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Detail of contribution

Auteur: Li-Hsin NING

Co-Auteur(s): Torrey M. Loucks, University of Illinois at Urbana-Champaign, United States of America Chilin Shih, University of Illinois at Urbana-Champaign, United States of America

Auditory Influences on Second Language Learning: Tone Discrimination Interacts with Audiovocal Responses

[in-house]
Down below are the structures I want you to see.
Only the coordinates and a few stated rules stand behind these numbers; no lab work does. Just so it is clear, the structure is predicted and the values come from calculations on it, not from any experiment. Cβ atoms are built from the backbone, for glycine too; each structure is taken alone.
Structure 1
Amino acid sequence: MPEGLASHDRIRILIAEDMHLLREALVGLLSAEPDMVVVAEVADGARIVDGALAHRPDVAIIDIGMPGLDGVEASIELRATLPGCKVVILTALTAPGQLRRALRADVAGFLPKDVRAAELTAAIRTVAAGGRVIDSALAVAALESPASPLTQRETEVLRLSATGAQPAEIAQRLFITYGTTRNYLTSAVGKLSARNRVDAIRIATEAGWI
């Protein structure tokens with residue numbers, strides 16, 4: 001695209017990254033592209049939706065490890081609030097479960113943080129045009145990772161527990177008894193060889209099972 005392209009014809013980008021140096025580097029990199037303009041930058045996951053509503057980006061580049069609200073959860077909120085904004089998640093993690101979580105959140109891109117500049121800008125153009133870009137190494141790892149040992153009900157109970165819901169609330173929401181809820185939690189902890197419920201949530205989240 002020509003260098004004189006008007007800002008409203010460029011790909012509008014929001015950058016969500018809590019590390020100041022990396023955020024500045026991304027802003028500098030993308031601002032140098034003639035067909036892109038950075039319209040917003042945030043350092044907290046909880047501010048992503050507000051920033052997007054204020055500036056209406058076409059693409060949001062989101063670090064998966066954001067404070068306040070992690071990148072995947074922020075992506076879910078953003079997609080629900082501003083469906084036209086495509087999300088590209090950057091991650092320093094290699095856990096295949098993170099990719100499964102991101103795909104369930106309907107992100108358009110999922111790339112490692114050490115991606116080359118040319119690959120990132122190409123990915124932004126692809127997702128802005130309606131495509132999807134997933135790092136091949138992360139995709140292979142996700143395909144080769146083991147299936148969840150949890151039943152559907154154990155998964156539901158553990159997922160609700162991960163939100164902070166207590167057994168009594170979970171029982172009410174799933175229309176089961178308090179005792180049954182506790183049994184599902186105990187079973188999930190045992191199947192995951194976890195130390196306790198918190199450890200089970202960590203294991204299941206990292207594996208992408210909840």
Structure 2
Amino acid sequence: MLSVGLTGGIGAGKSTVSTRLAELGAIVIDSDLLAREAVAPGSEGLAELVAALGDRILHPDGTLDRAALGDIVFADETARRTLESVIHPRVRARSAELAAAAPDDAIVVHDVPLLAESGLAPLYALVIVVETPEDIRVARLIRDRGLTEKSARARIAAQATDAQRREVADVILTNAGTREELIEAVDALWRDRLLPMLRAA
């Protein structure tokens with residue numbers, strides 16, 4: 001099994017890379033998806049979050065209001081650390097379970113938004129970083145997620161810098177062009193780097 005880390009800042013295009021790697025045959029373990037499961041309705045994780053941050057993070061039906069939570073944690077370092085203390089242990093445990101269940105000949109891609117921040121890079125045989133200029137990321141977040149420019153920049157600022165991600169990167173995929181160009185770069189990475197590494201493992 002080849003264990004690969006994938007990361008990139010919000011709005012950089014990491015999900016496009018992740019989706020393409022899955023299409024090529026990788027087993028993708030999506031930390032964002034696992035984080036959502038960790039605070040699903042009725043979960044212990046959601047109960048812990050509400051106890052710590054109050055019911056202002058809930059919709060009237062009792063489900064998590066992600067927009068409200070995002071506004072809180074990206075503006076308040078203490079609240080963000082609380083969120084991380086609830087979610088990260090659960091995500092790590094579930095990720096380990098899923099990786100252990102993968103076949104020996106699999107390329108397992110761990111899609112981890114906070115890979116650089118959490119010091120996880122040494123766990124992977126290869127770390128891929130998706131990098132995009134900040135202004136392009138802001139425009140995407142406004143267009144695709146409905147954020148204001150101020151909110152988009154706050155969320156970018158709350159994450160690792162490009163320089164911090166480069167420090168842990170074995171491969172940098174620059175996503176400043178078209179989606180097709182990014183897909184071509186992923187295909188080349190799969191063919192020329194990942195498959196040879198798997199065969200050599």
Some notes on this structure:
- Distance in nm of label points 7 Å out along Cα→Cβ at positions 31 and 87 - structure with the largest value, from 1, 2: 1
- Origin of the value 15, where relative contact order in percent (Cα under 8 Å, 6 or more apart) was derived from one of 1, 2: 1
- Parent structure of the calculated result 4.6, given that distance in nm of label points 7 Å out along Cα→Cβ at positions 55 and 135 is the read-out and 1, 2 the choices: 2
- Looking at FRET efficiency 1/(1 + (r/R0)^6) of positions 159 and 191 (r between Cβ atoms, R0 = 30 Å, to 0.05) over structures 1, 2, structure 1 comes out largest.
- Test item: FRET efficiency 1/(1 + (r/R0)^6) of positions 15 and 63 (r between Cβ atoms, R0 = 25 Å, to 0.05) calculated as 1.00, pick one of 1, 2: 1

Abstract/Résumé: Auditory feedback of your own voice is critical for learning how to shape vocalizations into meaningful communication. Children with pre-linguistic deafness do not develop the ability to regulate loudness and intonation while adults with post-lingual deafness show gradual deterioration of suprasegmental control. This evidence indicates that suprasegmental control over vocalization relies on being able to hear you own voice (auditory feedback). The link between suprasegmental control and language is realized in the tone contours of languages like Mandarin. For native Mandarin speakers, internal tone representations are established in early childhood via ‘audio-vocal learning’. This paper’s goal is to investigate whether second-language learners of Mandarin can acquire tone representations that approximate native speakers. Evidence is obtained by comparing the audio-vocal responses of learners and native speakers using the pitch-shift paradigm and perception tests. Three tasks were administered to 10 adult second-language learners, 9 native Mandarin speakers, and 10 naïve people without exposure to tonal languages. In the pitch-shift task, participants vocalized /a/ for 5 s while listening to their own voice. The pitch of the feedback signal was altered by ±50 or ±100 cents for 200 ms. In the non-linguistic tone discrimination (TD) task, participants listened to short tone pairs and judged whether the second was lower or higher in pitch. In the Mandarin tone discrimination (MD) task, participants judged whether two words had the same or different tone contour. In the perception (TD/MD) tasks, native speakers had both better nonlinguistic and Mandarin tone discrimination scores than the learners. Learners, in turn, had better nonlinguistic and Mandarin tone discrimination scores than naïve subjects. Linear correlation analyses show that people who had better ability in differentiating nonlinguistic tones (TD) had better capability in discriminating linguistic tones (MD). In the pitch-shift task, participants with better tone discrimination had faster peak responses. Audio-vocal pitch-shift responses may therefore have some relevance for understanding perception-production relationships in language learning. Poor tone perception could present a challenge for learning a tonal language in adulthood because poor tone discrimination is associated with poorer performance on a Mandarin tone discrimination task. Our ongoing project is determining if learning of Mandarin in adulthood changes pitch-shift responses to Mandarin stimuli.